To celebrate our authors' writing we've dug up a few pieces from our archive. One of our first commissioned text we published is from Sean O'Tool.
Every morning I wake up and look at Africa. It presents itself as something like this: in the near distance, a suburban street with cars parked nose-to-tail next to a pedestrian walkway; in the middle distance, a metropolitan skyline that includes two cranes lifting material for the construction of my home city’s new tallest building; beyond that, a bay with container ships at anchor; and past that, forming a receding horizon, a corrugated landscape of hills and mountains and clouds, more Africa. There is something unreliable about this view.
Cape Town, the city I look at out my window every day, is not a South African city. At least this is what I’m routinely told, both in person and through the people I read. It is too white in its concerns, goes the argument, too white in its absorption with organic asparagus and Provencal lifestyles, too white in its love of colourful pop paintings with no meaning and designer homes with balconies shaped like grand piano lids. There is truth in this view.
“I am grieved by how obviously divided this city is,” remarked Teju Cole, a novelist and art historian specialising in sixteenth-century Dutch art, on his first visit to this city recently. “It is uncomfortable. It is quite obvious that there are those who serve and those who are served.”
Cole is not the first person to remark on the strange, unresolved character of Cape Town, a city characterised by peculiar micro-politics and, of late, an over-heated sense of self worth. A few weeks ago, Edgar Pieterse, who heads up the African Centre for Cities from a university office on the slopes of Table Mountain, told me that Cape Town is a series of “disconnected villages of thought and desire”. It is a snappy statement, one that offers a useful way to think about, through and past the expression “contemporary African art”.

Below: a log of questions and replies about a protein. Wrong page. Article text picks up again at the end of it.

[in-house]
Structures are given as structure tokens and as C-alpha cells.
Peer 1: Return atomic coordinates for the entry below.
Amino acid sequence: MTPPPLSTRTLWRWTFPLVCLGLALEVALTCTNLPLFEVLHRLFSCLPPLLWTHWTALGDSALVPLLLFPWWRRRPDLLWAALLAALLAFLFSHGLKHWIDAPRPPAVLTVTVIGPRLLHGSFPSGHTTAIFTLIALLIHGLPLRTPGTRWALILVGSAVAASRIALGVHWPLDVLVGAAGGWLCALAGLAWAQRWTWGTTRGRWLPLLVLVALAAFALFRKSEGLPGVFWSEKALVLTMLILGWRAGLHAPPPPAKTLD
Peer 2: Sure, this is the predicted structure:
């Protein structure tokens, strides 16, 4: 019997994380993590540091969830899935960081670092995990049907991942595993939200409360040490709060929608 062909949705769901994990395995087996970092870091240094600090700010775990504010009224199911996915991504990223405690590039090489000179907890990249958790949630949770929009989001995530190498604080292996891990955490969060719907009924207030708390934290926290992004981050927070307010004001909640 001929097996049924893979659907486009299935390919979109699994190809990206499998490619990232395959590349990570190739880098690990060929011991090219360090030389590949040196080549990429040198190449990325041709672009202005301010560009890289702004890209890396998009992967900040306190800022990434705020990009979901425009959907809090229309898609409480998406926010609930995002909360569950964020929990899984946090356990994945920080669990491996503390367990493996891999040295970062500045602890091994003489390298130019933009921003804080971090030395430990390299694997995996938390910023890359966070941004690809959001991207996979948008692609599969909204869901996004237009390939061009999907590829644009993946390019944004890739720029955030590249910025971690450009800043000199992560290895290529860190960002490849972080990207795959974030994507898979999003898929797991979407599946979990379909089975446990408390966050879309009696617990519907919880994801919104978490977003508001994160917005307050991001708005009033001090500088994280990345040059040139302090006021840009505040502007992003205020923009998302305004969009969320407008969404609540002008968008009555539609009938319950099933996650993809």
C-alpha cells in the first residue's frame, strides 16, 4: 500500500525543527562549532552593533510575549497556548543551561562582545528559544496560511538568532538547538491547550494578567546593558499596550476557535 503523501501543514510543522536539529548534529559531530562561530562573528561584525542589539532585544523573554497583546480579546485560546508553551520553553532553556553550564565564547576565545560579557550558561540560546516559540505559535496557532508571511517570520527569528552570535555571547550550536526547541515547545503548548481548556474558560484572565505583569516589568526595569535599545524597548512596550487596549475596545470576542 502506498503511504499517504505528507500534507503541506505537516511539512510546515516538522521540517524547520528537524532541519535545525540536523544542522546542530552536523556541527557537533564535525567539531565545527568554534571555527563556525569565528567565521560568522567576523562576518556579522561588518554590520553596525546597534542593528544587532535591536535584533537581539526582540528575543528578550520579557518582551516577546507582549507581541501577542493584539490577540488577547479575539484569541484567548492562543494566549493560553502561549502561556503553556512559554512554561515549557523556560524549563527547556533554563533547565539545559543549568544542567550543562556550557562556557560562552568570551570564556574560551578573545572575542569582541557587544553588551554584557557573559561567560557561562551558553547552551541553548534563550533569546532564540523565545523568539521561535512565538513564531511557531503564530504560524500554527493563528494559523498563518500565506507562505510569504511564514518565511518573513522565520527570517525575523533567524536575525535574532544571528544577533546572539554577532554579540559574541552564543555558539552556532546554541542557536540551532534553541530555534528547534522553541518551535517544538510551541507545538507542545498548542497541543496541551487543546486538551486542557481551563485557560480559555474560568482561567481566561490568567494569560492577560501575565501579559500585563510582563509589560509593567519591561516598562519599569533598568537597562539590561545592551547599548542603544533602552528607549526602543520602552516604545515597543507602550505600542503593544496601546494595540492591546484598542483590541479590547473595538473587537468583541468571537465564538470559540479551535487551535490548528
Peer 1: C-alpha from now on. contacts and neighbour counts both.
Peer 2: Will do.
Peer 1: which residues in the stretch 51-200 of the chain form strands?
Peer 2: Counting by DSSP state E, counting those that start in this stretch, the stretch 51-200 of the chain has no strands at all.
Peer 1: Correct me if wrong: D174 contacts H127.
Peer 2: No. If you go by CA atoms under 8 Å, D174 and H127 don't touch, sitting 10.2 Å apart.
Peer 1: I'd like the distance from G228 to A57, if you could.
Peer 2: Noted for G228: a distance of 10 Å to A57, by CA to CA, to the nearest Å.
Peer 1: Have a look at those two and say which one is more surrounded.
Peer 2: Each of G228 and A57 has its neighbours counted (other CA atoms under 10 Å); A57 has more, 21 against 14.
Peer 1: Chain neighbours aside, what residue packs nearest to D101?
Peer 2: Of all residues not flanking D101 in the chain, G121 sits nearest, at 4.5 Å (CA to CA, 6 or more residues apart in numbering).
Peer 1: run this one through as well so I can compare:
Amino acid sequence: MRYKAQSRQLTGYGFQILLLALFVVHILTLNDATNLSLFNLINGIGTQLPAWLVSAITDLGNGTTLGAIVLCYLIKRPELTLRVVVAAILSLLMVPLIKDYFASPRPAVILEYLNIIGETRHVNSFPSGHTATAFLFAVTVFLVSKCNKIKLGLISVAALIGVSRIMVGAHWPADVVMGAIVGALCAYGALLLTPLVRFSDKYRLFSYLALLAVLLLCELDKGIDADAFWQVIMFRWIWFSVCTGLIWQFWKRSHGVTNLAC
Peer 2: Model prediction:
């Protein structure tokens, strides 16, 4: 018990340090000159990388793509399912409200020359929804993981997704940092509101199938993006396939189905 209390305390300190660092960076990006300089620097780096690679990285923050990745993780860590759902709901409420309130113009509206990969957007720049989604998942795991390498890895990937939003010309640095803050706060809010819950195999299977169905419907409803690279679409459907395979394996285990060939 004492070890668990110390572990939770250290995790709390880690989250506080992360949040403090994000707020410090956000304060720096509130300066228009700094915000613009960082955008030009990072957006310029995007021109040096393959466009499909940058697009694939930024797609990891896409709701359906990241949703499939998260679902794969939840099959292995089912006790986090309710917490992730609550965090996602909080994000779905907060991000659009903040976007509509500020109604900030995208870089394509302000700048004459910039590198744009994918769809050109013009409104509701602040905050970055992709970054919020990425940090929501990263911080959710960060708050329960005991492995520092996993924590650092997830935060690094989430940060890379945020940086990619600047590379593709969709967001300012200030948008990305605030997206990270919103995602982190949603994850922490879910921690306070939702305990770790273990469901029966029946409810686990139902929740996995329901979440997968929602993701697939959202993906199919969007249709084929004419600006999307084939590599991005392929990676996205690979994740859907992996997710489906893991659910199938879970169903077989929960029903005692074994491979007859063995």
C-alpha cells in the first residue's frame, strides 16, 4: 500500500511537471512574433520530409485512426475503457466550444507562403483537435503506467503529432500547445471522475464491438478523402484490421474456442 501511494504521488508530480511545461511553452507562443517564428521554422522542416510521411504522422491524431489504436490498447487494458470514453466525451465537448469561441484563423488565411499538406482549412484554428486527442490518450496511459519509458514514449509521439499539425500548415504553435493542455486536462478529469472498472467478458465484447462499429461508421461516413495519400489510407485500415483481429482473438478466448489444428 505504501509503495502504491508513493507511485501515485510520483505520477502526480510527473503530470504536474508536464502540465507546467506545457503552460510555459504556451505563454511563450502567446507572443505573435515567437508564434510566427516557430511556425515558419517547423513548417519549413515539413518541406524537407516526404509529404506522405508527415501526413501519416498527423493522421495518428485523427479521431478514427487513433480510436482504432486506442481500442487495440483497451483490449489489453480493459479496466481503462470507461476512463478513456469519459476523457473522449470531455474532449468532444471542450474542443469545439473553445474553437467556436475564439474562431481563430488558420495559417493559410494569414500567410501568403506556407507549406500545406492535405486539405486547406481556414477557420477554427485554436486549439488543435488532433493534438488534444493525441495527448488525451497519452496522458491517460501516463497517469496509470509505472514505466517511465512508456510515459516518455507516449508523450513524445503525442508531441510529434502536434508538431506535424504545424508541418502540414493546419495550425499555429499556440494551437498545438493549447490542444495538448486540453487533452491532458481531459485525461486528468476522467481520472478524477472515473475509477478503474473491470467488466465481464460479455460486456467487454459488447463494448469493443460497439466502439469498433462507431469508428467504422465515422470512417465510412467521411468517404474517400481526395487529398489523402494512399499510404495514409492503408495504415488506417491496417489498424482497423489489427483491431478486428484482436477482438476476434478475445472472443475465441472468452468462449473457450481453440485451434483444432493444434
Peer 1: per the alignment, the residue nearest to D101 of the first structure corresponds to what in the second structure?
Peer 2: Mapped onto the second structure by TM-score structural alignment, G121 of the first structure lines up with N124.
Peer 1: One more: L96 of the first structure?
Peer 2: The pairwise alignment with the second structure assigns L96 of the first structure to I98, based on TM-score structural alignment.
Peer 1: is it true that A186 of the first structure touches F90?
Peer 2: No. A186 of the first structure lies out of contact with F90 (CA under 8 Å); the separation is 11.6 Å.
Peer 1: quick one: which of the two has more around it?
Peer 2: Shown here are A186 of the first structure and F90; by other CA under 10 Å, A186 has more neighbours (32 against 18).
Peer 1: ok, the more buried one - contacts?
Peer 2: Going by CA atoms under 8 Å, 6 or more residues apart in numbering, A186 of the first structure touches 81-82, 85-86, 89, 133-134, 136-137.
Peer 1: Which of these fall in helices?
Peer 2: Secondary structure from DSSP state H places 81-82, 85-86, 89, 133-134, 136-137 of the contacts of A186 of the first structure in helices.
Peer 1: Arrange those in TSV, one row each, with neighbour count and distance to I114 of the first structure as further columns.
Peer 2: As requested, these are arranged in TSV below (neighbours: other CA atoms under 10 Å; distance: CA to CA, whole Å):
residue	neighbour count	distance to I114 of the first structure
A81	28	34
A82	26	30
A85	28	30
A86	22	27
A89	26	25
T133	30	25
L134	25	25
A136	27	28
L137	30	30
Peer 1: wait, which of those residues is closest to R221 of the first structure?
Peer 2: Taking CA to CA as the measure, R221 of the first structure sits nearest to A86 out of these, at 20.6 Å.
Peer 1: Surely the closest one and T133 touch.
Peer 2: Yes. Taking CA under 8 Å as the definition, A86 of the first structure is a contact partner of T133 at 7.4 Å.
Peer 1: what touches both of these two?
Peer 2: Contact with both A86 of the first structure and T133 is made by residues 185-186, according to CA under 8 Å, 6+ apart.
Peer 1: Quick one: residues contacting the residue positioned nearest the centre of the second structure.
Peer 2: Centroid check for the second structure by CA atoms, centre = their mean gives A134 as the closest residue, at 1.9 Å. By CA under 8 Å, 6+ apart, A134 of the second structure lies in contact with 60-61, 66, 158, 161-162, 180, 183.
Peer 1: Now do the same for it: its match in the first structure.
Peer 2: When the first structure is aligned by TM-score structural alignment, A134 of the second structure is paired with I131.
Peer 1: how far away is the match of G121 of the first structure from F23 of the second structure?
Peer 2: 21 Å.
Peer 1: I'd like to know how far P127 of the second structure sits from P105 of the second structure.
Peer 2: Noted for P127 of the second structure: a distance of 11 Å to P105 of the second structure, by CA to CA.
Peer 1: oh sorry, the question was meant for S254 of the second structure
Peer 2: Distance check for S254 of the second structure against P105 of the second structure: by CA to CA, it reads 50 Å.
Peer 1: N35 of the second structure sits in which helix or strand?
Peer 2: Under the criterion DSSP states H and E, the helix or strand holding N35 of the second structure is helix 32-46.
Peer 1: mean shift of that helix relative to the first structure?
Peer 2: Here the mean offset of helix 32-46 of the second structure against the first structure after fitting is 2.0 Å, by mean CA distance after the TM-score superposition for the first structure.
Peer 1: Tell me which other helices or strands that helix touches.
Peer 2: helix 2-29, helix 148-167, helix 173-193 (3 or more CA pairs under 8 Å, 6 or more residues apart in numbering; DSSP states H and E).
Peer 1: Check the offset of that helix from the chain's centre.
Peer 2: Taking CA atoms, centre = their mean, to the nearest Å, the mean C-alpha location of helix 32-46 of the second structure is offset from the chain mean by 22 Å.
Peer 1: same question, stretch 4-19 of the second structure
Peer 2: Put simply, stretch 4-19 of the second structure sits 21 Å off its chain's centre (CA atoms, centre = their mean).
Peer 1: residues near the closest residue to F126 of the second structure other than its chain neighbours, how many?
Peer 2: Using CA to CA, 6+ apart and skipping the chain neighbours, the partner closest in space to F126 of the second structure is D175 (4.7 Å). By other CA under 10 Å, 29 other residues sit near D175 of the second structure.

I have no idea of what this phrase, which has enjoyed freewheeling agency in cities on either side the North Atlantic, actually denotes. It strikes me as a fiction. This is not necessarily a bad thing.
Fictions – be they formalised stories or vague ideas and legends passed on as rumour or whispered caution – have always been valuable in a world of brute circumstance. They act as a kind of palliative. At their productive best, fictions divert, entertain, amaze and inspire; they can also, in a positive way, provoke argument and turn the sceptics harrumph into an “Aha!”
But fictions are, by their nature, also a species of lies. Beautiful lies, yes, although more often than not the lies are humdrum. I wonder if the phrase “contemporary African art” is not in danger of becoming routine, commonplace, humdrum, in a word, meaningless. As it is, the expression places too much emphasis on an abstract volume (Africa), when really it is the unit (cities, neighbourhoods, studios) where the real character of this practice emerges.
Contemporary African art isn’t something exclusively made in or from Africa; it comes from Addis Ababa, Algiers, Amsterdam, Bamako, Berlin, Cairo, Cape Town, Cotonou, Dakar, Douala, Johannesburg, Lagos, London, Lubumbashi, Marrakesh, Munich, Nairobi, New York, Paris, Tangiers and elsewhere. These cities sometimes share affinities, but mostly not. One word designating a continent is a poor proxy for what in reality is an atomised, dynamic and geographically imprecise set of practices.
Sean O’Toole is a writer and co-editor of CityScapes, a critical journal for urban enquiry. He lives in Cape Town, South Africa.
This text was originally published on 17 December 2013.